Bill’s voice was flat. “The good news is that with this wind we’re going faster than I thought we would.”


“The bad news is we’re going in the wrong direction. The boat won’t keep on course for Lonely Island.”

We both looked at the chart and its straight line to Lonely Island. If we missed Lonely Island, we’d be sailing all night and come morning have no idea where we were. With a determination that belied the terror he was feeling, Bill took pencil, protractor, and compass to the soaking wet chart.

“We maintained our original course for 6 nautical miles, which put us here. Then we got knocked down to our current course for the past 3.5 miles, which puts us here. If we tack and go 7 miles the other way, and keep repeating that pattern, we should still reach Lonely Island some time tonight.”

I looked at him. “Do you really believe that?”

He smiled. “I will if you will.”

It was a magnificent plan, but once on the opposite tack, we found ourselves still sailing away from our destination. I put up a number three jib and took over the helm. Bill went below to work on the charting. At intervals he’d emerge and have me alter course or tack again. Then he’d disappear below and calculate some more. The afternoon light was fading. The only encouraging thing was the way the boat was handling. With the small jib and full main she was leaping along at 7 knots and riding as smooth as a Mercedes on the Autobahn.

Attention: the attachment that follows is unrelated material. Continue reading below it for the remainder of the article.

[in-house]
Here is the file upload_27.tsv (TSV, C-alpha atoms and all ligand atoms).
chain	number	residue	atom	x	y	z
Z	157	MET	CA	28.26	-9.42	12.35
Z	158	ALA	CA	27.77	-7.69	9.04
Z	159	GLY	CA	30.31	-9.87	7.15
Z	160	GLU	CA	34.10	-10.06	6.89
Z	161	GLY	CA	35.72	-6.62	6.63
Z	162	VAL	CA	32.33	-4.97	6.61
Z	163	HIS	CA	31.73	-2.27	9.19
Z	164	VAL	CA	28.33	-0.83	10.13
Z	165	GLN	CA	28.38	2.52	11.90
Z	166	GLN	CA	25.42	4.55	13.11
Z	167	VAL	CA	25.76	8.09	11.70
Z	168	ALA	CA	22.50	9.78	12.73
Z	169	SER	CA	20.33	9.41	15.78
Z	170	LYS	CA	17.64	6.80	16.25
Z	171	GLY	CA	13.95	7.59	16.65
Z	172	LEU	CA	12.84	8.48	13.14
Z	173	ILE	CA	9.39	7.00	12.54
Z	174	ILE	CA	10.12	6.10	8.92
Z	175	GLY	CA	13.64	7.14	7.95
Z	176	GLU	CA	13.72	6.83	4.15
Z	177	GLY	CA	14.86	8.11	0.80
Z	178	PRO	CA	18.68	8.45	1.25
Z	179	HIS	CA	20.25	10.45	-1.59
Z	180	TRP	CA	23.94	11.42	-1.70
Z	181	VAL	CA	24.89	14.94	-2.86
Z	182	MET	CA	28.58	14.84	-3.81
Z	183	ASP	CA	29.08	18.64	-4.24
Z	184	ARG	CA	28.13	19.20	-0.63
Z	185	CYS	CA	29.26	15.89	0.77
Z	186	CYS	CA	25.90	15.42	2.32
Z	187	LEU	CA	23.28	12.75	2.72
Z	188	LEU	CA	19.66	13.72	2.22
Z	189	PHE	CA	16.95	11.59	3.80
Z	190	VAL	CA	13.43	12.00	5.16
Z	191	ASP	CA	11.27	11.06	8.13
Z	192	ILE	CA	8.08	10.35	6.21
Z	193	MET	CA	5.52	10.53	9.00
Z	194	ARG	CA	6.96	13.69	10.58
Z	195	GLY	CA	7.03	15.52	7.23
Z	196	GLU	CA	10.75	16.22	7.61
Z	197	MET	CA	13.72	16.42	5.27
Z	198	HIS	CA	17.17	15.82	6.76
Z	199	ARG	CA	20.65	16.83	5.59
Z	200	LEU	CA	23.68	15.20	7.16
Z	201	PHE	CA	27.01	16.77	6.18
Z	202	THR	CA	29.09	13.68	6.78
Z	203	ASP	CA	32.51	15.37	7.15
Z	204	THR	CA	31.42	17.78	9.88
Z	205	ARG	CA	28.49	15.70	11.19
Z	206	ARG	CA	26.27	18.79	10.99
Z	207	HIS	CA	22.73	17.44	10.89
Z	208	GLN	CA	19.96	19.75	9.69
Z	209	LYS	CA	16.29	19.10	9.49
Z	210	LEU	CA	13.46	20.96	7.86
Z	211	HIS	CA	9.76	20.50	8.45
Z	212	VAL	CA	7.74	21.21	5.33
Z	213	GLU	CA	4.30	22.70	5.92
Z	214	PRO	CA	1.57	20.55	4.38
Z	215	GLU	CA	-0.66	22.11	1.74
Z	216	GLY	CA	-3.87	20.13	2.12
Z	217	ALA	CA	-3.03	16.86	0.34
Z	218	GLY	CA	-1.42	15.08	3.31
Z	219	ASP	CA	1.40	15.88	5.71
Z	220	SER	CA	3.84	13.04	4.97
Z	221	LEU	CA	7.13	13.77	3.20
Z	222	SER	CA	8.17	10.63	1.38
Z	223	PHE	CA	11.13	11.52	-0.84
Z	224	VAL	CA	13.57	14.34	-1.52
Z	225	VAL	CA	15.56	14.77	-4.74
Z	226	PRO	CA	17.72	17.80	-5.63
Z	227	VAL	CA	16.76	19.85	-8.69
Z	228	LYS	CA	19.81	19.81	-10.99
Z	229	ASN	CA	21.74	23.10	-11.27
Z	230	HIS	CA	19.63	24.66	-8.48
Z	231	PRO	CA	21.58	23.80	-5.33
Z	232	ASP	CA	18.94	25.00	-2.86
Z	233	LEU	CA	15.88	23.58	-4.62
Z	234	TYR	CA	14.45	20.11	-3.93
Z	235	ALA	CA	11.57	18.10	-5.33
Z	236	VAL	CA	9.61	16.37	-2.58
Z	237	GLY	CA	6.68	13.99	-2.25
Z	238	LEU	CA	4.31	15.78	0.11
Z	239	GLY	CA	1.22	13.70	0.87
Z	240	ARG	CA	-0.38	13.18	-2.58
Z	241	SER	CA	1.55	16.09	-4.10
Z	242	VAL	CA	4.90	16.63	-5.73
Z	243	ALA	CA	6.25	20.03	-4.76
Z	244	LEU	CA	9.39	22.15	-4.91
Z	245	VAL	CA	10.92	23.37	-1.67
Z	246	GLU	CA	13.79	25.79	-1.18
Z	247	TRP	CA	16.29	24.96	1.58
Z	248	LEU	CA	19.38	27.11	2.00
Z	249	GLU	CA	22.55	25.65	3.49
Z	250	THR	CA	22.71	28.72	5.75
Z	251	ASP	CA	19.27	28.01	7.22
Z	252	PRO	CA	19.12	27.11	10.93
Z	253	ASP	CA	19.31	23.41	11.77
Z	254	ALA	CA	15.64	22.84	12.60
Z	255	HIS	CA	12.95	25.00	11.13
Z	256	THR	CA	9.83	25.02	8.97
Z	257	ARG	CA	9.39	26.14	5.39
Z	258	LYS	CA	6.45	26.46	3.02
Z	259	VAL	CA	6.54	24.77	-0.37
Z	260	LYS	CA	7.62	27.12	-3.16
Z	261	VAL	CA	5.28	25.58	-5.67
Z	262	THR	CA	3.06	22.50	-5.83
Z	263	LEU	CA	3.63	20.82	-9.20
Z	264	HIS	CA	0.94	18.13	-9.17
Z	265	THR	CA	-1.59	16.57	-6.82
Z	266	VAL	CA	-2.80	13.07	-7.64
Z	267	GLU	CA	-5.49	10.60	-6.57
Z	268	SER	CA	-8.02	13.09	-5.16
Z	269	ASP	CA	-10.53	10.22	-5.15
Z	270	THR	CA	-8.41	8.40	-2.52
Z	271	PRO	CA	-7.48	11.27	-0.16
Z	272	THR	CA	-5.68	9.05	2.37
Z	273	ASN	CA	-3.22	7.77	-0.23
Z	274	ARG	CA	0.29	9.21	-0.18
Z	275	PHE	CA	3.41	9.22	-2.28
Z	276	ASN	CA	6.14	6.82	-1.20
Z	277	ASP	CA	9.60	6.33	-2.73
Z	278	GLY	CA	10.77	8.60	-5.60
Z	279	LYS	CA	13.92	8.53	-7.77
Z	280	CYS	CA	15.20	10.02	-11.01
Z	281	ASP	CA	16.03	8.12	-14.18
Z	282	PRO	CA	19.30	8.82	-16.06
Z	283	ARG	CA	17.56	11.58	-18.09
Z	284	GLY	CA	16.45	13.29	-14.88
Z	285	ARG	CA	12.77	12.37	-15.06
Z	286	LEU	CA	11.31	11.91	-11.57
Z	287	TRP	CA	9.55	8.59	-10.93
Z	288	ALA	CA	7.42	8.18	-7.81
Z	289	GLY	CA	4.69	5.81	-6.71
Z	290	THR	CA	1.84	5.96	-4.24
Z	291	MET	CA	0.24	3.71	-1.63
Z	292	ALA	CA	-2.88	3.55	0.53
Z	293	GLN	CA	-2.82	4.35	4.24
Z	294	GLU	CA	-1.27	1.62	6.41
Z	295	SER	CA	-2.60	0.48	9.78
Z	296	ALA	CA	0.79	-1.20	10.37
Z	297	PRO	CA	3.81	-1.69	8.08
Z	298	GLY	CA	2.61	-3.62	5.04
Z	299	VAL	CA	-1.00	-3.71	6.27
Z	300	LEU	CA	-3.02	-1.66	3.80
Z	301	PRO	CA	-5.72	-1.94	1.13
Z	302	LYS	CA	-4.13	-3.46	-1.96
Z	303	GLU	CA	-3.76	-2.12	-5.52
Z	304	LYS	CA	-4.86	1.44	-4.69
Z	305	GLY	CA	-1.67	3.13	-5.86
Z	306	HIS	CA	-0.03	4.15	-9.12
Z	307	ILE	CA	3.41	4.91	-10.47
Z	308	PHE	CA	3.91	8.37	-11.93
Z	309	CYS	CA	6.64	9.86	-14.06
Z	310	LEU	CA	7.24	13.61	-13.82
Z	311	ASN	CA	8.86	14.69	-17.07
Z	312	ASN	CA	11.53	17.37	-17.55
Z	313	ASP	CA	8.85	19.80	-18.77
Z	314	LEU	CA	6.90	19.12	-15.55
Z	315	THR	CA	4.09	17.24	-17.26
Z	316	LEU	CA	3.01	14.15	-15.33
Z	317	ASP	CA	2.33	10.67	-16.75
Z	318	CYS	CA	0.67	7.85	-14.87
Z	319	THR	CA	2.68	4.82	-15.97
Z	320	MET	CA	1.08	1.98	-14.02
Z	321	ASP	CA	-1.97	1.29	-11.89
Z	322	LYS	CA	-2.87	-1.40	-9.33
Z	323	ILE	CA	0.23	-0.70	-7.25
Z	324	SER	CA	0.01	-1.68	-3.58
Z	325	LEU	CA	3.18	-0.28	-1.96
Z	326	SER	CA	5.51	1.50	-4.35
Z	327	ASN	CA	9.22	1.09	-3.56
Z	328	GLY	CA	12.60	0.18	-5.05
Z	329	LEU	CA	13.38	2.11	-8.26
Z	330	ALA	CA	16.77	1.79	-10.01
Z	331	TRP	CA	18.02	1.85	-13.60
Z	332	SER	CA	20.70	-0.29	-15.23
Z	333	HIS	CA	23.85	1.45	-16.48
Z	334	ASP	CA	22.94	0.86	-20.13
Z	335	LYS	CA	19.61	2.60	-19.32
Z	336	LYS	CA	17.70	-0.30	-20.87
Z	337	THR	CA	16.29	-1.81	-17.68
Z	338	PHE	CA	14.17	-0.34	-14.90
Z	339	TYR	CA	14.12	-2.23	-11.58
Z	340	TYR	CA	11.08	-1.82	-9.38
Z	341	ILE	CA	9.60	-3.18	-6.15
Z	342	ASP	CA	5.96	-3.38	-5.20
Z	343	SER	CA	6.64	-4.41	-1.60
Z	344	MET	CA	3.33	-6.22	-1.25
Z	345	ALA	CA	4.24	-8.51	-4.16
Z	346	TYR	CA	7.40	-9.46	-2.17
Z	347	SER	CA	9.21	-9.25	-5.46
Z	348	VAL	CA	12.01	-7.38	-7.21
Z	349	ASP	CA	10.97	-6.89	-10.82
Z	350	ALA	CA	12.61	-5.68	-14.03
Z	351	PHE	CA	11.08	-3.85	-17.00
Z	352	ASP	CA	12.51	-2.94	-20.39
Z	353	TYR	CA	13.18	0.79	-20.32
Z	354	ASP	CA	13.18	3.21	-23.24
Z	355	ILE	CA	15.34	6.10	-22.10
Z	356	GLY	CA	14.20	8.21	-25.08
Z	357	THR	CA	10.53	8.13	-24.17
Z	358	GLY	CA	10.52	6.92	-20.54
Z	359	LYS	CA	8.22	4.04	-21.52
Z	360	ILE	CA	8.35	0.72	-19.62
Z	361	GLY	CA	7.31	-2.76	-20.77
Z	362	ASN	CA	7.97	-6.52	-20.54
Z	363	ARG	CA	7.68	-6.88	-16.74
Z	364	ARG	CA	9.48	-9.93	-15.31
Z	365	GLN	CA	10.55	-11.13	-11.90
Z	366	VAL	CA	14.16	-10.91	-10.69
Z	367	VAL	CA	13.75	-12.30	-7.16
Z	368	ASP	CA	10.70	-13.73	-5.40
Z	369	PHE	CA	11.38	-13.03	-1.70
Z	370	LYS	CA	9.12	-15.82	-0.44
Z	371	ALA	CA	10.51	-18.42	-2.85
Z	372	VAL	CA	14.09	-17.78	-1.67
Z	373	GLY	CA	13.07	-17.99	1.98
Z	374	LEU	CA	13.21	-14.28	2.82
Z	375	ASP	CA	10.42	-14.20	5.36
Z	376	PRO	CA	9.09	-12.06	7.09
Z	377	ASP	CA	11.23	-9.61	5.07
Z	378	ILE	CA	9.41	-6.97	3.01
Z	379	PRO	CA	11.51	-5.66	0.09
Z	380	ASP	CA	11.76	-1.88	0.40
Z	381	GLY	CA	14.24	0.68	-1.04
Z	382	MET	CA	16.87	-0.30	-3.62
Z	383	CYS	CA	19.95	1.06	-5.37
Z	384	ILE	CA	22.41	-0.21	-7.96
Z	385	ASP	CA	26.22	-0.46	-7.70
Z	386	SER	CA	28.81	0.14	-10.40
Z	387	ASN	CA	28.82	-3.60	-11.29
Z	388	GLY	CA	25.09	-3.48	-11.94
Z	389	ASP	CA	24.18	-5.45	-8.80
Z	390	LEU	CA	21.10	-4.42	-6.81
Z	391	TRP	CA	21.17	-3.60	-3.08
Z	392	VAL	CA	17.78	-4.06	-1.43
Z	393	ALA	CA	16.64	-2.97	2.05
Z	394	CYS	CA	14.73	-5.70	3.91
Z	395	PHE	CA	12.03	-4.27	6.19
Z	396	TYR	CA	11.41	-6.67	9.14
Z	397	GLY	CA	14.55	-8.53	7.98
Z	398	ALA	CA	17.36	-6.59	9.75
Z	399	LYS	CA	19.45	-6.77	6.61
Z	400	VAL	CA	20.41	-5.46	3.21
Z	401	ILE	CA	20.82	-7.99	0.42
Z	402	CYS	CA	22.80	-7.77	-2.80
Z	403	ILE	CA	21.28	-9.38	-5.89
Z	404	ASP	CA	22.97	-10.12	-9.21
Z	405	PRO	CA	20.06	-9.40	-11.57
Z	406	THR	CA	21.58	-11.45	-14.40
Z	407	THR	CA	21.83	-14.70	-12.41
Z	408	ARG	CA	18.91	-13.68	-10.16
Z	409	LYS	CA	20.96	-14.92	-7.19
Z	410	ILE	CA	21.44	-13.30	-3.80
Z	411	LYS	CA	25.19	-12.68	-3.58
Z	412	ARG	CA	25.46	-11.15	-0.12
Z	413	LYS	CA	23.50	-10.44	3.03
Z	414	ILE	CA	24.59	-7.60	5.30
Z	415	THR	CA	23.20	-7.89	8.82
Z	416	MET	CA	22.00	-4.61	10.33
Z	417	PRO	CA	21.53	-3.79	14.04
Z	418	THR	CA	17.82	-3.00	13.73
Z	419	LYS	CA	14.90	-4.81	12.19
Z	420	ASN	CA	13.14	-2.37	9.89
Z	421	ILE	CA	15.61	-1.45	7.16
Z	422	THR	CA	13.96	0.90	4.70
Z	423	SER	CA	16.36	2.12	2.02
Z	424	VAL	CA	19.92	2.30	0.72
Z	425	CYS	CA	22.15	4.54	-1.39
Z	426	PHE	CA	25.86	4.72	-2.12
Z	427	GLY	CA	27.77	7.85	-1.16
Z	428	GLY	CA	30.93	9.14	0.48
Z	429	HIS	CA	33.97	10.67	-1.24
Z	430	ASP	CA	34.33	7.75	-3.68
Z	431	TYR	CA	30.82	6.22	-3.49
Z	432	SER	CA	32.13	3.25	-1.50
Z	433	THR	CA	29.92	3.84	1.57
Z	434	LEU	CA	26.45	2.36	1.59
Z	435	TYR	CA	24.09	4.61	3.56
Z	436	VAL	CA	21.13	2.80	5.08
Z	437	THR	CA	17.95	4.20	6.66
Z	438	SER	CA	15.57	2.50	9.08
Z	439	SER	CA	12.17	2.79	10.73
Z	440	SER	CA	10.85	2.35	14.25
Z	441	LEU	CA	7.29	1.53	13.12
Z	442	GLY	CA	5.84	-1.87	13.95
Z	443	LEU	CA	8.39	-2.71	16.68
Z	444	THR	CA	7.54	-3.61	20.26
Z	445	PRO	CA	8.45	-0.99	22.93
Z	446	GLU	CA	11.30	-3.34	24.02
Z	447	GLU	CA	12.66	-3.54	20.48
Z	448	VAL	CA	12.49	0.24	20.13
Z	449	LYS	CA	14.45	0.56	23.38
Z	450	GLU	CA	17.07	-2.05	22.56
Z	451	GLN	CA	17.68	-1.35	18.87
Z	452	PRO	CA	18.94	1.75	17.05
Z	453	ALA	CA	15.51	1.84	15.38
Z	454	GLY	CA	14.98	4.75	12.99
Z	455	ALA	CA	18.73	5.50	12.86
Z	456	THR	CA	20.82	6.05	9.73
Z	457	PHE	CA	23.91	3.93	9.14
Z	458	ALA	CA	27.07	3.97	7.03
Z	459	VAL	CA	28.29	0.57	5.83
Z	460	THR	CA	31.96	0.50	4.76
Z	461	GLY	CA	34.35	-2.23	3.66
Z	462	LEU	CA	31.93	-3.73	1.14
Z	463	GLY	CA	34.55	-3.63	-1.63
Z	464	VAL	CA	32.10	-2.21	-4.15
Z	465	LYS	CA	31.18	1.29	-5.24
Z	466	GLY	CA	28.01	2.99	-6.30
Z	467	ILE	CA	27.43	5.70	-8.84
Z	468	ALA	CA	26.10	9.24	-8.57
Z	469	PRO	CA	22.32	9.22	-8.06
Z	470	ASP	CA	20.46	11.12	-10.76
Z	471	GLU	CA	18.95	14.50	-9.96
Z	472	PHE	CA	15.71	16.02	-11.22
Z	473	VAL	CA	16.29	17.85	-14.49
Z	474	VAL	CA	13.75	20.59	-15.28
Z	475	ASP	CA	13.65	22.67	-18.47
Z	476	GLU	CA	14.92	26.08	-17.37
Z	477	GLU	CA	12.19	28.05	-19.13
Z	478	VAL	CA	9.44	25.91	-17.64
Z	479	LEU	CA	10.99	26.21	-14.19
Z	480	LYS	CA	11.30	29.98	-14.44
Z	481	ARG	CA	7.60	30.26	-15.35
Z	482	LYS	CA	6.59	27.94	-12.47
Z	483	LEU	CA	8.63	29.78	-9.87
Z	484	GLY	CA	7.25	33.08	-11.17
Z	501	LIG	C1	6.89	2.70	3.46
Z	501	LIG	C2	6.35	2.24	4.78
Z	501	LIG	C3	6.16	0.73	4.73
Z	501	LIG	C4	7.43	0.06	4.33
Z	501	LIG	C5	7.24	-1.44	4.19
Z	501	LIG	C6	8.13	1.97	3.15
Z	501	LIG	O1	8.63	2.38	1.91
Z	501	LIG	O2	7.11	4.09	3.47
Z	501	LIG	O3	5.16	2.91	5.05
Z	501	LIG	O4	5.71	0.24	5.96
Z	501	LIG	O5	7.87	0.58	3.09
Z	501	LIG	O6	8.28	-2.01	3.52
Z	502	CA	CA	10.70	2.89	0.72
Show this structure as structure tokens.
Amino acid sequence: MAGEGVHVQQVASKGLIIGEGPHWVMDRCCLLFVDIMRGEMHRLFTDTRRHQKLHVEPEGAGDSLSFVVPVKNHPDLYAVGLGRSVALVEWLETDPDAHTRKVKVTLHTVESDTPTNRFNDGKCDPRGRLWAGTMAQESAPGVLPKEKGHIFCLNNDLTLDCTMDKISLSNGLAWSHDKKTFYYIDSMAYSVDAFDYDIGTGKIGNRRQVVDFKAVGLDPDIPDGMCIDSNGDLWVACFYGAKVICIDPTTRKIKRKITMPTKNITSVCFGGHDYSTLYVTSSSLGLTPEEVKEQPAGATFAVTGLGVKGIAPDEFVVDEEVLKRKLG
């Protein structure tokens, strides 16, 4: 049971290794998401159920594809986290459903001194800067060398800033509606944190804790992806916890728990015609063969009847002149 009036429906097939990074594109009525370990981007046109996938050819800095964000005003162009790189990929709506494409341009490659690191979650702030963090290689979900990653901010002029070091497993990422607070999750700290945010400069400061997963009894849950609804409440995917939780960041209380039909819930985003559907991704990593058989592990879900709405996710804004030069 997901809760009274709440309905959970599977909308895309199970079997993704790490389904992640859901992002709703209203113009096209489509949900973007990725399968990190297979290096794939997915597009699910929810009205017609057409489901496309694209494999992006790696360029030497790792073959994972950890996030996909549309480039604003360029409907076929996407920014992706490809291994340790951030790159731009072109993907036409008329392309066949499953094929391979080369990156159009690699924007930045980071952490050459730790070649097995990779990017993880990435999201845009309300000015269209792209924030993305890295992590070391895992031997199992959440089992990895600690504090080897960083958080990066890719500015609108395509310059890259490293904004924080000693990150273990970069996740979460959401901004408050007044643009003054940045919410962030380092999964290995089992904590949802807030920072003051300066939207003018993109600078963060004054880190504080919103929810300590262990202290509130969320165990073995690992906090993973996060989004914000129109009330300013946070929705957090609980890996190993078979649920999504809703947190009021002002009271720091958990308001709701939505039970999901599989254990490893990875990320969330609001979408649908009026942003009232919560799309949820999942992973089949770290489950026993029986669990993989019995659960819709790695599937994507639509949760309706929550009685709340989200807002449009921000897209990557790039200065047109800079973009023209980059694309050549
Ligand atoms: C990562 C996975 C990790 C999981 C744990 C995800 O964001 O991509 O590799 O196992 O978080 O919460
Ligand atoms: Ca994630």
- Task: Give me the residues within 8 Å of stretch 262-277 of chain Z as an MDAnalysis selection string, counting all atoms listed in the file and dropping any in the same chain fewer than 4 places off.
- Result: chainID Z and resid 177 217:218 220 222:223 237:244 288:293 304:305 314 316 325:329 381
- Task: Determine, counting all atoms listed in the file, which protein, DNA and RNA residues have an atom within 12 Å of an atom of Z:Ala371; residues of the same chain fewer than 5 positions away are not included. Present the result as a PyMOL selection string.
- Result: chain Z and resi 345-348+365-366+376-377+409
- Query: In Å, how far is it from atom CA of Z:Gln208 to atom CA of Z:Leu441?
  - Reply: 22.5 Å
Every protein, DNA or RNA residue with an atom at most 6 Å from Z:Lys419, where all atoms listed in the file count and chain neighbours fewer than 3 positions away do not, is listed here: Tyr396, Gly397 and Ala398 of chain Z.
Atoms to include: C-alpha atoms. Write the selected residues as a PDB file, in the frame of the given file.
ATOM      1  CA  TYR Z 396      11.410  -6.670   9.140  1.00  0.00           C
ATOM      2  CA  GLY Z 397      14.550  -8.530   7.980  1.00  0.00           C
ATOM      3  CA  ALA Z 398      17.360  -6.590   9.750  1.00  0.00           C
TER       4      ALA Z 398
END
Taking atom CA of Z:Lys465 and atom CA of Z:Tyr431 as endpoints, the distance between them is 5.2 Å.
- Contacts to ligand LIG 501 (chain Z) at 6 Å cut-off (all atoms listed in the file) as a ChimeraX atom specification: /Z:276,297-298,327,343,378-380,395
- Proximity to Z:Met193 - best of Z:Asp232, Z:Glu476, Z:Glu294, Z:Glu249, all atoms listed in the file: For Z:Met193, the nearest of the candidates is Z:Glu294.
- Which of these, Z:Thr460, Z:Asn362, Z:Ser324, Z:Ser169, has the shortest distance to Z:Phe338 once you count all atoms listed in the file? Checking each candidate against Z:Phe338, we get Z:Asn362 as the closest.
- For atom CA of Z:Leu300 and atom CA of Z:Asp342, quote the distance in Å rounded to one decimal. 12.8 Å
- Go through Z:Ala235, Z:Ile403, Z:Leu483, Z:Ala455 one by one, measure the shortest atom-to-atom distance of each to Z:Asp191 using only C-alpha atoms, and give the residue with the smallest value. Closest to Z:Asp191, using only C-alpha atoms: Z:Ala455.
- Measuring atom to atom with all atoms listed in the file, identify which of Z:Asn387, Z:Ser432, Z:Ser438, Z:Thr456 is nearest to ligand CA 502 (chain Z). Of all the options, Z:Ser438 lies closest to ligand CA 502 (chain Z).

Bill came up from below and worked his way forward. He held onto the forestay and scanned the horizon. The sun was low and in his eyes. He looked back at me on the helm and shrugged. We were lost.

After a while he made his way back to the cockpit and took the wheel. He had a new plan. We’d keep sailing until we sank or hit something. Under the circumstances, his approach seemed practical.

Day gave way to dusk, and a full moon rose above the horizon. We’d tacked twice and Bill thought we should be close, even if we couldn’t see anything. I went forward and peered across the water, and then for just a moment, when the boat sank into a deep trough, I saw it: a sliver of light between a speck in the water and the southern tip of what we knew was Manitoulin Island. That speck was it: our destination.